An unmanned Russian carrier rocket exploded on takeoff at the Baikonur cosmodrome in Kazakhstan on Tuesday, releasing 600 tonnes of highly toxic fuel into the air in images broadcast live on television.
Spectacular footage showed the Proton-M rocket veering off its trajectory just seconds after its 6:38 am (0238 GMT) launch, before erupting into a ball of flames and unleashing clouds of noxious black smoke.
The Russian space agency Roskosmos, citing preliminary information, said the accident caused no damage or casualties.
"It seems something is going wrong," said a television commentator during the live coverage of the launch. "Something is wrong. It seems it will be a catastrophe," said the presenter, his voice trembling, shortly before the rocket exploded.
The rocket was supposed to take three Russian Glonass-M navigation satellites into space.
"A rocket carrier fell to the ground and exploded on the territory of the cosmodrome," the space agency said in a statement, adding that the rocket fell on the territory of the Baikonur cosmodrome which Russia leases from ex-Soviet Kazakhstan.
The space agency said that during the accident, which took place 10-15 seconds after takeoff, toxic rocket fuel was released into the air.
Kazakh officials said the fumes that may present a danger to the local population.
A Roskosmos spokesman could not immediately say whether people living near the crash site were being evacuated.
But residents of several towns close to the cosmodrome including Baikonur were requested to stay indoors and keep their windows shut, a spokeswoman for the Kazakh emergencies ministry, Kristina Mohamed, told AFP.
The rocket carried 600 tonnes of kerosene, heptyl and amyl which are highly poisonous components of rocket fuel, said the head of the Kazakh space agency, Talgat Musabayev.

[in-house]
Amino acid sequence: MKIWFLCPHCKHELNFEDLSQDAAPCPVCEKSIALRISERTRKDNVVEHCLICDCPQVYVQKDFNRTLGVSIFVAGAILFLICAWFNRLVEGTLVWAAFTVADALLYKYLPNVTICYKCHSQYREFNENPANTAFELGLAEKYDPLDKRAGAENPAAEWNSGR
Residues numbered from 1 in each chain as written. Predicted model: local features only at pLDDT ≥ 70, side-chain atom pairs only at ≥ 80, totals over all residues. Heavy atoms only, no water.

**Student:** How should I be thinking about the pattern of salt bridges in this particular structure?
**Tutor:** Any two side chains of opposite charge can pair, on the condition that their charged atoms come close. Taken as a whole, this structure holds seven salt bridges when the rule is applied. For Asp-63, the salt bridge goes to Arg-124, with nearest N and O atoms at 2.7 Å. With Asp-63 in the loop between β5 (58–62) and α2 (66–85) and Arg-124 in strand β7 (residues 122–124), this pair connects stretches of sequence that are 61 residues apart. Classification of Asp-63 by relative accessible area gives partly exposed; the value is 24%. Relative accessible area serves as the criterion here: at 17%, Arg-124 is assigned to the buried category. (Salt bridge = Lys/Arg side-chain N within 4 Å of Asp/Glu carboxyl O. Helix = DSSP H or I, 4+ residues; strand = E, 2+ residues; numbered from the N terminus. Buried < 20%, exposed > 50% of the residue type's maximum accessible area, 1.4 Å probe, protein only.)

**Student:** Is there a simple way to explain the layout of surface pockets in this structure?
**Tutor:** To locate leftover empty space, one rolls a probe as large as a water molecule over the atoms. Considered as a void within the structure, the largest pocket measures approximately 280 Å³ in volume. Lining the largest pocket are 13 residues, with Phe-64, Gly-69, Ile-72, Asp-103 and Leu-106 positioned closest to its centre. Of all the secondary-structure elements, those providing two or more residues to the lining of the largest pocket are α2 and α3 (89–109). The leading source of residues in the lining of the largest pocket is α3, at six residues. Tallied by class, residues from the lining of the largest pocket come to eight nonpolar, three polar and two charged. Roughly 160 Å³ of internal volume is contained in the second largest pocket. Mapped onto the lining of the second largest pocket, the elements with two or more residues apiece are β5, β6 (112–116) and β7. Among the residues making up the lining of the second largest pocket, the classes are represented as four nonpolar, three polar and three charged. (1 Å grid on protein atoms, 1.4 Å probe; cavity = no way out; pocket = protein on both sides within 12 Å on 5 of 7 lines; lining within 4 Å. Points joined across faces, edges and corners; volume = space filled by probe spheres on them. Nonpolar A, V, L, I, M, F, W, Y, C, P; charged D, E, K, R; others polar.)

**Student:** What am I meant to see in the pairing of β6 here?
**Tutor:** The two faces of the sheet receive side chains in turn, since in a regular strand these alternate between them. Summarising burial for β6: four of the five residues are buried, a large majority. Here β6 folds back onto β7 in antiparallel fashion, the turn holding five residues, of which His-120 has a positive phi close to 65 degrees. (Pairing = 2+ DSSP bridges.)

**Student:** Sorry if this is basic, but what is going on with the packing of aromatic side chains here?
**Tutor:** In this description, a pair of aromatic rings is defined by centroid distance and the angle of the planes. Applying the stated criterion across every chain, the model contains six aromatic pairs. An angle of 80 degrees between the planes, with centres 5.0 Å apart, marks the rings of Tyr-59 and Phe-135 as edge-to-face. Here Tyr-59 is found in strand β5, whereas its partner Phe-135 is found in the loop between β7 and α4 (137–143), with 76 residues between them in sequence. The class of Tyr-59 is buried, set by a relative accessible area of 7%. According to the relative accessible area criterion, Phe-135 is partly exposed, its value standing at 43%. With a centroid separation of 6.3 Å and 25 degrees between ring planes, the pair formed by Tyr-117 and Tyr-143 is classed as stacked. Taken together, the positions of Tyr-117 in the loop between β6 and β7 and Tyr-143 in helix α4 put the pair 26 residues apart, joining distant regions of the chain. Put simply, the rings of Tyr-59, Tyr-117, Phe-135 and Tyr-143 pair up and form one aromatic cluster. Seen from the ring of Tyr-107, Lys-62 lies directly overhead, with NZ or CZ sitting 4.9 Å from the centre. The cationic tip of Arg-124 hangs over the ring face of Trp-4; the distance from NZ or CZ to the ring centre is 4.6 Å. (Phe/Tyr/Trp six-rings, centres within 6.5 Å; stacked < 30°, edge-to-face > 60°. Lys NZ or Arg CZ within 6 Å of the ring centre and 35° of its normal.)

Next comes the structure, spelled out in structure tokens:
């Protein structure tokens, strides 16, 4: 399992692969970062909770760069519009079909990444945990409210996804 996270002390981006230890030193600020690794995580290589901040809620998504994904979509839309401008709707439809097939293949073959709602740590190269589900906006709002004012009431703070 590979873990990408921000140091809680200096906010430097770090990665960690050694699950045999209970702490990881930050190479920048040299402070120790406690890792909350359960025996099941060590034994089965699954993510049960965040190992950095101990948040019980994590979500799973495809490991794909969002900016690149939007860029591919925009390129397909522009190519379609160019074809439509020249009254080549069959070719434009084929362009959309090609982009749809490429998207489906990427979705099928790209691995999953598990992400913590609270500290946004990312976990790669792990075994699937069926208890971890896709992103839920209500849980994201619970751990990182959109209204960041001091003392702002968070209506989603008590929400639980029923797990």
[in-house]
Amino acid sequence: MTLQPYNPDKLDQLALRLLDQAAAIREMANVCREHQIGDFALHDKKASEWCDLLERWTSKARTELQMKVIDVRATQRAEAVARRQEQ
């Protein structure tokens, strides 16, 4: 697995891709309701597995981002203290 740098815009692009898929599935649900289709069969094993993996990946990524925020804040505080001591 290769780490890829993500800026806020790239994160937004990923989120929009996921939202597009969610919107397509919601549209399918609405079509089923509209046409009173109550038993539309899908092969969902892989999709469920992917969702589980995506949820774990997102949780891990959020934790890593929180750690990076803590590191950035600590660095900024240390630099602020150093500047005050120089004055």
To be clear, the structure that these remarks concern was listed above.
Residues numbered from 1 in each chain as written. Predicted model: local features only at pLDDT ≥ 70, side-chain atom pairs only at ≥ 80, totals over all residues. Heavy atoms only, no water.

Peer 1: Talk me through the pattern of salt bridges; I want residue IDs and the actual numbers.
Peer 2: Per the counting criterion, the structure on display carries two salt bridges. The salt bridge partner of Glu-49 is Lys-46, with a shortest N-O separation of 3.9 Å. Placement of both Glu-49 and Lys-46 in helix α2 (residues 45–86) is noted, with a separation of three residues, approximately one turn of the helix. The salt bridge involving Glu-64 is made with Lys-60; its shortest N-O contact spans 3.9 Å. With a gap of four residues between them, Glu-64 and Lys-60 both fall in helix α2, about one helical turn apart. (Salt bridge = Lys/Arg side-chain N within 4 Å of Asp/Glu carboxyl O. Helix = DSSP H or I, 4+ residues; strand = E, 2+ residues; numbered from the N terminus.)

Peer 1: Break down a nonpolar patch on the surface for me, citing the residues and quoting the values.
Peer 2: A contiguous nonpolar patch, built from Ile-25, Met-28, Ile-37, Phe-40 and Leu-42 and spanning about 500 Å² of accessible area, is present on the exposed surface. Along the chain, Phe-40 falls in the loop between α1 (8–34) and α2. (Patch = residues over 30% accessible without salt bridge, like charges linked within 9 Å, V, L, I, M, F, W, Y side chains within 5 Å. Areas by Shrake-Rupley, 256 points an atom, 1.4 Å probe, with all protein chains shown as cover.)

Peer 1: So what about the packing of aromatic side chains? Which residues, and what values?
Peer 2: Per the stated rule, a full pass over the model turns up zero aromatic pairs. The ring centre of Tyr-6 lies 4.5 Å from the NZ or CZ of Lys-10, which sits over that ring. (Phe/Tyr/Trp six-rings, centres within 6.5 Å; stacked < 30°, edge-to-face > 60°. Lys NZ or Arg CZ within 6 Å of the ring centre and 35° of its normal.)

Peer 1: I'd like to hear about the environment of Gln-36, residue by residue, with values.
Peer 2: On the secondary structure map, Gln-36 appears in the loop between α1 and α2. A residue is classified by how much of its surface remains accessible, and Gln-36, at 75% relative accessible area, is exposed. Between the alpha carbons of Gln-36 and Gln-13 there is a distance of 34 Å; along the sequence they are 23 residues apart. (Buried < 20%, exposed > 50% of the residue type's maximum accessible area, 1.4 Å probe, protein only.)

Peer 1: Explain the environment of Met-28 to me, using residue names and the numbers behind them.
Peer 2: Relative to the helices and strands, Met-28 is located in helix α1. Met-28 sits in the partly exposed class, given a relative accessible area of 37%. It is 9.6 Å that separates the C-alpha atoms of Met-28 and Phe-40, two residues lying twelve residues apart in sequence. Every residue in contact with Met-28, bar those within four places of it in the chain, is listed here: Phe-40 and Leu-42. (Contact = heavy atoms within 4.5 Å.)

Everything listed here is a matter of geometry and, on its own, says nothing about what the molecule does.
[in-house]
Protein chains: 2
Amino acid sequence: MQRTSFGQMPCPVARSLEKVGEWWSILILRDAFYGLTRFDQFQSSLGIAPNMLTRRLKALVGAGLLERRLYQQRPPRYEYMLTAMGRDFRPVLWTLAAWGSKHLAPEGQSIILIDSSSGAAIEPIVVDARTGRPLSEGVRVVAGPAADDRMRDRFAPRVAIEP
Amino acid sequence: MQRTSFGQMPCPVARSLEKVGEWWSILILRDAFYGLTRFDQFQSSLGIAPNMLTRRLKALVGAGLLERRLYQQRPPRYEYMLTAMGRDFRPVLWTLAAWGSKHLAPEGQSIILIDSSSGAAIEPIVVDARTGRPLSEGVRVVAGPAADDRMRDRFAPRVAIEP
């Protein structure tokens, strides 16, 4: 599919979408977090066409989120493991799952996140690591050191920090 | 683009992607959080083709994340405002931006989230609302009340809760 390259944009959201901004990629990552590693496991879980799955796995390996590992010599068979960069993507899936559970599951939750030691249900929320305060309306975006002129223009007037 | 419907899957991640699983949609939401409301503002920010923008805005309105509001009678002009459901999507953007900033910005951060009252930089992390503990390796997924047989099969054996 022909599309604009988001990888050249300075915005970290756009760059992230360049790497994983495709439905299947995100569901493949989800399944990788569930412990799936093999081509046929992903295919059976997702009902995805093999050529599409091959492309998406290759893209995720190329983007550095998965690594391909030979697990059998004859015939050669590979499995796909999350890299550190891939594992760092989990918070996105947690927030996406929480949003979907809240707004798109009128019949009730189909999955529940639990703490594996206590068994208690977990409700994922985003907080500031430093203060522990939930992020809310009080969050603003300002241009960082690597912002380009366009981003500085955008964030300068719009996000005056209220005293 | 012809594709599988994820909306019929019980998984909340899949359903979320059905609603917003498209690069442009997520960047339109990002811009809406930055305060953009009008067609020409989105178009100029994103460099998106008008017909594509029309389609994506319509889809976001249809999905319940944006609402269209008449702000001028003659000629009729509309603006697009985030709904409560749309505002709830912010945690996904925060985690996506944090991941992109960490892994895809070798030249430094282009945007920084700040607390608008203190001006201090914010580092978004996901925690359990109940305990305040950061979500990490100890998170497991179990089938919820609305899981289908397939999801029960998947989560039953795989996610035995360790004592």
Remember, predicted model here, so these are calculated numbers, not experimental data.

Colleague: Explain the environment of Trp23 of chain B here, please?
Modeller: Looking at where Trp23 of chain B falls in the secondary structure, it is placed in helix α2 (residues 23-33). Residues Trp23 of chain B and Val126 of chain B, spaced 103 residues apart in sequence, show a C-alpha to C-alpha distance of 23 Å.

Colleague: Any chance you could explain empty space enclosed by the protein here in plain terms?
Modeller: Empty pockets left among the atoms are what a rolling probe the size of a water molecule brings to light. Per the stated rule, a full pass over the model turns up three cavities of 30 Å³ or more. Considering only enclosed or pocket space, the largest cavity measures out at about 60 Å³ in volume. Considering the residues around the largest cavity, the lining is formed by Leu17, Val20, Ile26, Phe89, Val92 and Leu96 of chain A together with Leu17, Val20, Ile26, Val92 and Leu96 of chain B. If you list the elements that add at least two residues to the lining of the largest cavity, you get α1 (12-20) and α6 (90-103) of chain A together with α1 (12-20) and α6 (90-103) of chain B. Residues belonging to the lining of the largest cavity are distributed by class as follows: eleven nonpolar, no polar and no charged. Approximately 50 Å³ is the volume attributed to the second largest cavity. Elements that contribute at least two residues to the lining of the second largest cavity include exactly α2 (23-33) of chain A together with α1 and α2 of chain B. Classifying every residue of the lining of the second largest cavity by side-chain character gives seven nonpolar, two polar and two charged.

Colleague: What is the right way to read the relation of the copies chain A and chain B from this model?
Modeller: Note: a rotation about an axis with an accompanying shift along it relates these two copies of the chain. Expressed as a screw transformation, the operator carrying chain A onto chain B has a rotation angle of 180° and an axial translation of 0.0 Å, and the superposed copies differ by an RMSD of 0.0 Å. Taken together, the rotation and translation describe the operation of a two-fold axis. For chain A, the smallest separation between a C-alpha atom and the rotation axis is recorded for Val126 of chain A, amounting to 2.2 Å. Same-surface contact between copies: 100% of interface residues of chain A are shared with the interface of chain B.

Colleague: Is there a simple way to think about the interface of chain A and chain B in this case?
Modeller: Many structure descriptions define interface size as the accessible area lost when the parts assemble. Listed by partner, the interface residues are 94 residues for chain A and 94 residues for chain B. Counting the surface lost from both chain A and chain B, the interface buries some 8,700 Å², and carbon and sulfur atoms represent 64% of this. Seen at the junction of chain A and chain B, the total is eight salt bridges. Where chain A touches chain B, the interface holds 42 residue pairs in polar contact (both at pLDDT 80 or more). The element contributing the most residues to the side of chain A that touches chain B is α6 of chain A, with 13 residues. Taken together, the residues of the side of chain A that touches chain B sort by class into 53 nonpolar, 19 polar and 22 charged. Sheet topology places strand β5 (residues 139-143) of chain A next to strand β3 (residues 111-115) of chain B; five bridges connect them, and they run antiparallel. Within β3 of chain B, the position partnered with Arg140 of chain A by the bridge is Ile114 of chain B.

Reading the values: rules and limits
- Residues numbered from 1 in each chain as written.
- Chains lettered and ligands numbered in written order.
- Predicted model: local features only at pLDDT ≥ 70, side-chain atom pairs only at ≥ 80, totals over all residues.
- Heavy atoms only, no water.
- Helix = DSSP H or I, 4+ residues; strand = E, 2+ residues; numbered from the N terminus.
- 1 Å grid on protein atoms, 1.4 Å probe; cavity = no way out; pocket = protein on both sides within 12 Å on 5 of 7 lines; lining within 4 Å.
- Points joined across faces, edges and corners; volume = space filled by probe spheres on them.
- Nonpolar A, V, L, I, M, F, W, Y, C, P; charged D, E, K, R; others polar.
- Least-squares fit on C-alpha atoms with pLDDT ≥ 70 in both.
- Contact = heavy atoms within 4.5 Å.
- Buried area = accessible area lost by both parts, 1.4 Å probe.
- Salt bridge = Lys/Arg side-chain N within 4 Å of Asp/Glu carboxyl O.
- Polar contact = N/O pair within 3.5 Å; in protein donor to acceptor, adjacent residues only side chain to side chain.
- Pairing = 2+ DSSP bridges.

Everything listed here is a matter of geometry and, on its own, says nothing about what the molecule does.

"A smoke cloud has now been formed out of burnt heptyl," head of the emergencies ministry in Kazakhstan, Vladimir Bozhko, told a government meeting in Astana.
"It is now located above the territory of the cosmodrome, the speed of the wind is 2.6 metres (per second)," he said, adding the cloud could move beyond the Baikonur cosmodrome.
Bozhko was quoted as saying that according to preliminary information the accident was caused by a malfunction of a first-stage engine.
Sending the first man into space in 1961 and launching the first sputnik satellite four years earlier are among key accomplishments of the Russian space programme and remain a major source of national pride in the country.
But more recently, Russia has suffered several major setbacks in its space programme, notably losing expensive satellites and an unmanned supply ship to the International Space Station.
The most recent disaster brought to memory a rocket explosion at the same Baikonur cosmodrome in 1960 when a prototype rocket exploded on the launch pad and released the highly poisonous rocket fuel known as the "devil's venom."
During the 1960 accident, which the Russian space agency has called a veritable "inferno," 126 people were burned alive or vaporised altogether, while others died of noxious fumes or succumbed to burns later.
The Soviet Union, which was locked in an arms race with the United States, imposed total secrecy over the disaster, and the files were only declassified in the 1990s.